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PSA T and L Network conference reflection


Guest blog from Maia Almeida- Amir, PhD Student Newcastle University

In the week before welcoming students back to campus after a long summer, POLIS hosted the Political Studies Association Teaching and Learning Network conference. Over the two days we heard from colleagues teaching politics, IR, and social policy reflecting on their pedagogical practices, the challenges faced by students, and emergent research on navigating the ever-changing T&L environment.

At conferences, I always hope to get allocated an early presentation slot so I can relax and enjoy everyone else’s work (and skip over making introductions!). So, I was very glad to participate in the first panel, “the teaching of touchy subjects” where my research, which investigates engagement left-wing and social justice topics on YouTube found a comfortable fit. In this case, I was particularly glad to have presented early because of the prevalence of discussions about young peoples’ engagements with politics through social media.

Throughout the conference, the entanglements between the classroom environment and the social media worlds our students are immersed in were never far from our conversations. Among these conversations were pressing concerns about the polarising division of culture war narratives; the prevalence of mis- and dis-information about political issues on social media; the exposure of young people to malignant public figures (sadly, Andrew Tate came up a lot); the mental health effects of exposure to troubling topics on social media; and how all of this has particular impact on marginalised students and staff in the teaching and learning environment.

But within all this consternation: kernels of hope. First, because discussions of politics on social media are so tied up in sharing information about and experiences related to social justice topics, young people are able to independently develop their political vocabulary, their knowledge of global issues, and their own political point of view before coming to the classroom. While this can be fraught with filter-bubble polarisation, there is significant value in students increased awareness of key global issues.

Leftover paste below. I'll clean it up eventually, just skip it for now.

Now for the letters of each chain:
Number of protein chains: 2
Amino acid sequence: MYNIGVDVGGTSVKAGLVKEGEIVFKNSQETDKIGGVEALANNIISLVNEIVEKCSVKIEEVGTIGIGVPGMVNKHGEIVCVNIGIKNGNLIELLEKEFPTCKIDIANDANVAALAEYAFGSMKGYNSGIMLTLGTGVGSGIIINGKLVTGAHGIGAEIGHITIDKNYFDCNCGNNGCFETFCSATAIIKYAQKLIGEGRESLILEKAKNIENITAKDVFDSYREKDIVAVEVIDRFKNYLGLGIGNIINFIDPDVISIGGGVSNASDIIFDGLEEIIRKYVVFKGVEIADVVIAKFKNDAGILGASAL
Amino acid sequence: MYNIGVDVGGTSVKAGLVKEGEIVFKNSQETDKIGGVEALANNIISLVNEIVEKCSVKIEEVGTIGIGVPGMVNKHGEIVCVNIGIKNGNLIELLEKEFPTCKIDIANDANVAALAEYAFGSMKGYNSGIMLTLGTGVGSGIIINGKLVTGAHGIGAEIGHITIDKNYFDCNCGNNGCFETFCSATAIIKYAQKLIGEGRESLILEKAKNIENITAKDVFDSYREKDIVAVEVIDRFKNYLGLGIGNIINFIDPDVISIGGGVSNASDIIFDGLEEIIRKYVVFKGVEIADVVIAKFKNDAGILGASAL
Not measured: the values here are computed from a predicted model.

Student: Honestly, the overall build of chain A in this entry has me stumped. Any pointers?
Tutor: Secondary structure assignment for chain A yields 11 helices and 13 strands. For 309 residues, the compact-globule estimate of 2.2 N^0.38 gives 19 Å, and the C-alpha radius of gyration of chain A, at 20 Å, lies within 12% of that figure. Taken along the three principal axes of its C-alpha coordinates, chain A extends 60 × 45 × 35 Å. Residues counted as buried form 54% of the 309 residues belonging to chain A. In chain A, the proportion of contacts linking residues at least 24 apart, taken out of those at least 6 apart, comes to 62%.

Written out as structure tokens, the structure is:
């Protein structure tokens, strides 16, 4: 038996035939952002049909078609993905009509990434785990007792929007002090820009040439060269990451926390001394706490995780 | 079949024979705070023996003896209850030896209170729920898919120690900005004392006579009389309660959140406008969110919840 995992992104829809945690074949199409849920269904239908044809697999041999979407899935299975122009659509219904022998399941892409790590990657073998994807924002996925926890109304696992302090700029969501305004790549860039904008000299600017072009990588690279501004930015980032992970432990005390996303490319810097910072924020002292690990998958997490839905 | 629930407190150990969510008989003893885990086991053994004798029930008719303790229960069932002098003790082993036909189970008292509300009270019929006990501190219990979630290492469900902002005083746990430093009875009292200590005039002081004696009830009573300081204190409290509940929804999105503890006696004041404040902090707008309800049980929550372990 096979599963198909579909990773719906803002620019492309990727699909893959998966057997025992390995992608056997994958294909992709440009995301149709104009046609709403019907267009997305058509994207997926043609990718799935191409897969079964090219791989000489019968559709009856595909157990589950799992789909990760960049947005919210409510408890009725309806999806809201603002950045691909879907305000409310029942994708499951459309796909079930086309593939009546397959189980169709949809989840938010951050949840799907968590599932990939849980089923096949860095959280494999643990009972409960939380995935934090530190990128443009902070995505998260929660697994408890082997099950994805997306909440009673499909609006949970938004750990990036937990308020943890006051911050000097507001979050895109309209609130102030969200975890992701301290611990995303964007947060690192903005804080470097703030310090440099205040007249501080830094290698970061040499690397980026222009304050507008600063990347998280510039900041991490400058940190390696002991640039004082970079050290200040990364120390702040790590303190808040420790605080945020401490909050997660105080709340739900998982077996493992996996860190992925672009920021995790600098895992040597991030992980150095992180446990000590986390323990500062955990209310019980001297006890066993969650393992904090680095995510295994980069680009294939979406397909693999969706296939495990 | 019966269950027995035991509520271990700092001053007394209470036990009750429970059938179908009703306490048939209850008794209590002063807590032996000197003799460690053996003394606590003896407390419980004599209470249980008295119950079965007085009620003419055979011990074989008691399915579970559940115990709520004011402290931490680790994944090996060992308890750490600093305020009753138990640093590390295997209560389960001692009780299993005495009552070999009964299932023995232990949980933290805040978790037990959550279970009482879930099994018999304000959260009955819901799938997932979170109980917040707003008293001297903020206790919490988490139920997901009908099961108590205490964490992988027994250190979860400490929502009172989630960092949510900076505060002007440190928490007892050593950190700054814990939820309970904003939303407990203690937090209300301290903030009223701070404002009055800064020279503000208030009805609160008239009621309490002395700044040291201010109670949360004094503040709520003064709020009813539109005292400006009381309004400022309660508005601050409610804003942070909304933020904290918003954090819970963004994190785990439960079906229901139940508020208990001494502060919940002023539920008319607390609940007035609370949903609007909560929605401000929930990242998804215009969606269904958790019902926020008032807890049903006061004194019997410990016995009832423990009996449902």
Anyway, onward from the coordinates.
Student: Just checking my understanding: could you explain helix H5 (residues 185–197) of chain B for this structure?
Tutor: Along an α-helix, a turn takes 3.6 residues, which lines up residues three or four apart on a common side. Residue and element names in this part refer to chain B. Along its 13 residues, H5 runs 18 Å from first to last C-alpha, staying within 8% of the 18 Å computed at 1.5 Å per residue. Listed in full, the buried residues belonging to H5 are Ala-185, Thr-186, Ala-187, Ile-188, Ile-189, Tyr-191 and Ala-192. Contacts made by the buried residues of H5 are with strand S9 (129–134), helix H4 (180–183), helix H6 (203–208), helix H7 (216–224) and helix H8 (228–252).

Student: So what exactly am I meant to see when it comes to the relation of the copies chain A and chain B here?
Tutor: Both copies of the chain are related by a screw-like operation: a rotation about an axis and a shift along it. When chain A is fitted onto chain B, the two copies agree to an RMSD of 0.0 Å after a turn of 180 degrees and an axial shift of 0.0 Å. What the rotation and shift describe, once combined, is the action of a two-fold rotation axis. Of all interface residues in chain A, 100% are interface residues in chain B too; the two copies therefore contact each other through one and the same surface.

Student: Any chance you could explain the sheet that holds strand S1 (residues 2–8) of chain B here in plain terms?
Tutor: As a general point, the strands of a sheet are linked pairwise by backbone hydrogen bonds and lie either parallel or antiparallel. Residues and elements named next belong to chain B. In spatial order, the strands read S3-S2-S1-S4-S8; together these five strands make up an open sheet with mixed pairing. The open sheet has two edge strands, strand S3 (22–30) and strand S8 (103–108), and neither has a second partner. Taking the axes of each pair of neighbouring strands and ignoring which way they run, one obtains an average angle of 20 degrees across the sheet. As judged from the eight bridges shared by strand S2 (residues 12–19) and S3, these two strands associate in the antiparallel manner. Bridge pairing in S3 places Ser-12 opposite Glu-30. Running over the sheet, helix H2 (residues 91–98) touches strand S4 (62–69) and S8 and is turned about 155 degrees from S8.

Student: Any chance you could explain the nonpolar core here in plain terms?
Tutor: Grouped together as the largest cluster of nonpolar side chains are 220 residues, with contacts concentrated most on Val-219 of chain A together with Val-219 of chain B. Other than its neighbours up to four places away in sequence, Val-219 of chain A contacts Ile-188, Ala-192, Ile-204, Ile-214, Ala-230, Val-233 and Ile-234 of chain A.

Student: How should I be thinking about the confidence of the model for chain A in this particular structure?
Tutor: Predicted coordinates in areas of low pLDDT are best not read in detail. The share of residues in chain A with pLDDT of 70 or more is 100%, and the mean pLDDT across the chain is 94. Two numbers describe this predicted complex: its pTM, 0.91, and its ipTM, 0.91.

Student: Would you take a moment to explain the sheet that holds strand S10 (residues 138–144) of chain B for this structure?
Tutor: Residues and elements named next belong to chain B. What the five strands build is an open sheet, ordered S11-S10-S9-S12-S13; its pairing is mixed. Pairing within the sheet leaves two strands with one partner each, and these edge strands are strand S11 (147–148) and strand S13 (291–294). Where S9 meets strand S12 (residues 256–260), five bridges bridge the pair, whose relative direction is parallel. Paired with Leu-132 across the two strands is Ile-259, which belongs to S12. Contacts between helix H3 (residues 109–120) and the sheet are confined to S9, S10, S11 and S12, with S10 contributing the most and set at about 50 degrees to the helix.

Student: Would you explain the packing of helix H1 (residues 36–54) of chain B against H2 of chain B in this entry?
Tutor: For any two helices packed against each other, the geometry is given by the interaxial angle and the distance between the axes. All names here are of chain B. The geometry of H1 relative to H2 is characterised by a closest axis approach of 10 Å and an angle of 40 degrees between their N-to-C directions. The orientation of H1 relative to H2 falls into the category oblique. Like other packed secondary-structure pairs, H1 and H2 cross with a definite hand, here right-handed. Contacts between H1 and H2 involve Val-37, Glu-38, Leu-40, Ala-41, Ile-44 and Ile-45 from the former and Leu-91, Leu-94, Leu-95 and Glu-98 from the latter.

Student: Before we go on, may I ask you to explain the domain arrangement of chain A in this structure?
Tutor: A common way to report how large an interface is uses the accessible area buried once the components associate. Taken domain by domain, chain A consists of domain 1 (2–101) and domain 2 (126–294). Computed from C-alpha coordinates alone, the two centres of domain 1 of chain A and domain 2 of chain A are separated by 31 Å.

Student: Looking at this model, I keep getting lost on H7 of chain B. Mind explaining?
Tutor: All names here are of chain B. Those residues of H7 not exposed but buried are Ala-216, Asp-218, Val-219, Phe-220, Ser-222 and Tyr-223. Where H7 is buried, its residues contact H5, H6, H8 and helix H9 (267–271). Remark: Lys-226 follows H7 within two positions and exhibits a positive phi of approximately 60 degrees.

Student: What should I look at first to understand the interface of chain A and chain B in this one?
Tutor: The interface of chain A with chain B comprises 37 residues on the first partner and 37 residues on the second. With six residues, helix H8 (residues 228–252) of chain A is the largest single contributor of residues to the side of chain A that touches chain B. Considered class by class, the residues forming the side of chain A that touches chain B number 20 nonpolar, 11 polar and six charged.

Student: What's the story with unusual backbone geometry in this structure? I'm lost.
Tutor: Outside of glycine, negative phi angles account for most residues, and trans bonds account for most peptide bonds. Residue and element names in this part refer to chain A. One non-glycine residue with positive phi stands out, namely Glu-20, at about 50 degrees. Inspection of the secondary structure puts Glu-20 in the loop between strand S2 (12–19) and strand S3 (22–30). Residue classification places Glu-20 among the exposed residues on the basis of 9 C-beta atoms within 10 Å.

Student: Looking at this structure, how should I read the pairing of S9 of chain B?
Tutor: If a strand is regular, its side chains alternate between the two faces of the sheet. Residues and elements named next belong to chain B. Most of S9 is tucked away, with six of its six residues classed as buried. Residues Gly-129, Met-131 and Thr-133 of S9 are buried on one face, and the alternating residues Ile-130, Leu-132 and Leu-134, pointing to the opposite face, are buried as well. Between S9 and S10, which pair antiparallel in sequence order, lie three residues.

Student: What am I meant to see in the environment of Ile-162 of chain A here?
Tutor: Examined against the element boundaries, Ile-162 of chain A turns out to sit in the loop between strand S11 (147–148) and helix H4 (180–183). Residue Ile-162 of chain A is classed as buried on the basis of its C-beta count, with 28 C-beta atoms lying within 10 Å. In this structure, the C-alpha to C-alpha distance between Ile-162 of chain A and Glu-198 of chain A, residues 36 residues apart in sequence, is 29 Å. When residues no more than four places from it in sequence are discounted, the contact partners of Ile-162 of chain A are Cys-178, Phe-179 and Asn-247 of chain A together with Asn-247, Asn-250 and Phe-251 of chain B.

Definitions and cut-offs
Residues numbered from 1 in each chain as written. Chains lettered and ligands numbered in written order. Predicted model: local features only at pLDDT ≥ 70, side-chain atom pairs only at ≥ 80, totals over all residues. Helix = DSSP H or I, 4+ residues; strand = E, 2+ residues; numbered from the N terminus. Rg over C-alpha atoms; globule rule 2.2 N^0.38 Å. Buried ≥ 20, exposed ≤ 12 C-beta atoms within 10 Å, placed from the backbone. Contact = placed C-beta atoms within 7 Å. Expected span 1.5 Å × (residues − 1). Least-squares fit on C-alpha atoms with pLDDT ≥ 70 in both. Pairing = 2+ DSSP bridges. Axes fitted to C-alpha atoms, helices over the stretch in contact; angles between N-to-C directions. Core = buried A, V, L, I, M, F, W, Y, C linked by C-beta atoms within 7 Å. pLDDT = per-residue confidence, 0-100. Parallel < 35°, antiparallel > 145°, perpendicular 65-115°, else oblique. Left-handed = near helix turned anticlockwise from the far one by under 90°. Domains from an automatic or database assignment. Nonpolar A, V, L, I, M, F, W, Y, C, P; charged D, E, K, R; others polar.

Second (and relatedly), social media is a space where young people are developing analytical and critical thinking skills. When encountering a post or creator online, there’s a whole host of evaluations young people have learned to do to evaluate it’s reliability as a source (who posted it? What are their sources? Do we have mutuals? Does this perspective match other posts? Could this be an ad for something?) This willingness to critically evaluate information encountered on social media gives me a lot of hope for the next generation of critical readers.

Finally, it is unsurprising that young people are expert users of social media platforms. They have a practiced, everyday ease navigating these technologies that are key for communication between people, and accessing news and entertainment today. For many of my students, who hope to graduate into jobs like journalism and public relations, I’m reassured by their development of these key employability skills.

Like all good conferences, I leave with more questions than answers about the dis/connections between social media, the world of politics, and classroom encounters. But as it becomes increasingly impossible to separate the IRL from the online, it is clear that pedagogical practices must find ways of reckoning with this landscape shift. Social media is where the young people we work with live, and it’s clear that what happens on their screens is deeply meaningful. And that as educators we need to take the world of social media seriously and engage with it critically, in recognition of this key part of students’ lives.